How P&G Tripled Its Innovation Success Rate

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SPOTLIGHT ON PRODUCT INNOVATION

Spotlight

ARTWORK Josef Schulz, Form #1, 2001 C-print, 120 x 160 cm

How P&G Tripled Its Innovation Success Rate
Inside the company’s new-growth factory by Bruce Brown and Scott D. Anthony

64 Harvard Business Review June 2011

HBR.ORG

Bruce Brown is the chief technology officer of Procter & Gamble.

Scott D. Anthony is the managing director of Innosight.

June 2011 Harvard Business Review 65

B
SPOTLIGHT ON PRODUCT INNOVATION
66 Harvard Business Review June 2011

BACK IN 2000 the prospects for Procter & Gamble’s Tide, the biggest brand in the company’s fabric and household care division, seemed limited. The laundry detergent had been around for more than 50 years and still dominated its core markets, but it was no longer growing fast enough to support P&G’s needs. A decade later Tide’s revenues have nearly doubled, helping push annual division revenues from $12 billion to almost $24 billion. The brand is surging in emerging markets, and its iconic bull’seye logo is turning up on an array of new products and even new businesses, from instant clothes fresheners to neighborhood dry cleaners. This isn’t accidental. It’s the result of a strategic effort by P&G over the past decade to systematize innovation and growth. To understand P&G’s strategy, we need to go back more than a century to the sources of its inspiration— Thomas Edison and Henry Ford. In the 1870s Edison created the world’s first industrial research lab, Menlo Park, which gave rise to the technologies behind the modern electric-power and motion-picture industries. Under his inspired direction, the lab churned out ideas; Edison himself ultimately held more than 1,000 patents. Edison of course understood the importance of mass production, but it was his friend Henry Ford who, decades later, perfected it. In 1910 the Ford Motor Company shifted the production of its famous Model T from the Piquette Avenue Plant, in Detroit, to its new Highland Park complex nearby. Although the assembly line wasn’t a novel concept, Highland Park showed what it was capable of: In four years Ford slashed the time required to build a car from more than 12 hours to just 93 minutes. How could P&G marry the creativity of Edison’s lab with the speed and reliability of Ford’s factory? The answer its leaders devised, a “new-growth factory,” is still ramping up. But already it has helped the company strengthen both its core businesses and its ability to capture innovative new-growth opportunities.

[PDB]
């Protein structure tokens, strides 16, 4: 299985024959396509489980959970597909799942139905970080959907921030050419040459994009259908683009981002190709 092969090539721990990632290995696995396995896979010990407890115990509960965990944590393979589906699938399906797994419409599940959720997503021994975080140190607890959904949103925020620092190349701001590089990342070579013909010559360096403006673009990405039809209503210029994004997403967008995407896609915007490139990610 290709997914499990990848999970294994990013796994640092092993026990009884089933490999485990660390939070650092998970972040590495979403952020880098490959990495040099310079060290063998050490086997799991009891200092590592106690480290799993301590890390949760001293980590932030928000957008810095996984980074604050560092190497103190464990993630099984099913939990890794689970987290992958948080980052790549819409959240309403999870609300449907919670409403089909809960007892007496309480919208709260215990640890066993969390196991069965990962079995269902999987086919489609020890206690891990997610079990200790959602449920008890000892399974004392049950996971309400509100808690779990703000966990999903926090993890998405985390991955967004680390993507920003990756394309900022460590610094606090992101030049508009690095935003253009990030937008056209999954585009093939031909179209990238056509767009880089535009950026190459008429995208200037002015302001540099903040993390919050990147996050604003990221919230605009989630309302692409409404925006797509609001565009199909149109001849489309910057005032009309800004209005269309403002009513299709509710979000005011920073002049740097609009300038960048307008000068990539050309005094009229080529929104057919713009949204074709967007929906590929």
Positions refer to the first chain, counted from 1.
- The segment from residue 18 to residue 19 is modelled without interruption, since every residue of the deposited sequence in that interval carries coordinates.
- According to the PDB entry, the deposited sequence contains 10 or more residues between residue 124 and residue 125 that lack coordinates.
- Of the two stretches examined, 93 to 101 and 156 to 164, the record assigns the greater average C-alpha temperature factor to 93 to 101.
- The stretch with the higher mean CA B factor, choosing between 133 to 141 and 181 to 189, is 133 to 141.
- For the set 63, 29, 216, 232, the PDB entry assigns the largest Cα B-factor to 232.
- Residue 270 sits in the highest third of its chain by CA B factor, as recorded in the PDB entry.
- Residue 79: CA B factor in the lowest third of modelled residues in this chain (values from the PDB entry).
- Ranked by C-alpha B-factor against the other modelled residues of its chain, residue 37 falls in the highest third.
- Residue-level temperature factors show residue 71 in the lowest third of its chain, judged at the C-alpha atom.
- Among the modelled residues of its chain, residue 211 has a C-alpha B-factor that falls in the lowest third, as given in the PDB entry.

P&G’s efforts to systematize the serendipity that so often sparks new-business creation carry important lessons for leaders faced with shrinking product life cycles and increasing global competition.

Laying the Foundation
Innovation has long been the backbone of P&G’s growth. As chairman, president, and CEO Bob McDonald notes, “We know from our history that while promotions may win quarters, innovation wins decades.” The company spends nearly $2 billion annually on R&D—roughly 50% more than its closest competitor, and more than most other competitors combined. Each year it invests at least another $400 million in foundational consumer research to discover opportunities for innovation, conducting some 20,000 studies involving more than 5 million consumers in nearly 100 countries. Odds are that as you’re reading this, P&G researchers are in a store somewhere observing shoppers, or even in a consumer’s home. These investments are necessary but not sufficient to achieve P&G’s innovation goals. “People will innovate for financial gain or for competitive advantage, but this can be self-limiting,” McDonald says. “There needs to be an emotional component as well—a source of inspiration that motivates people.” At P&G that inspiration lies in a sense of purpose driven from the top down—the message that each innovation improves people’s lives. At the start of the 2000s only about 15% of P&G’s innovations were meeting revenue and profit targets. So...
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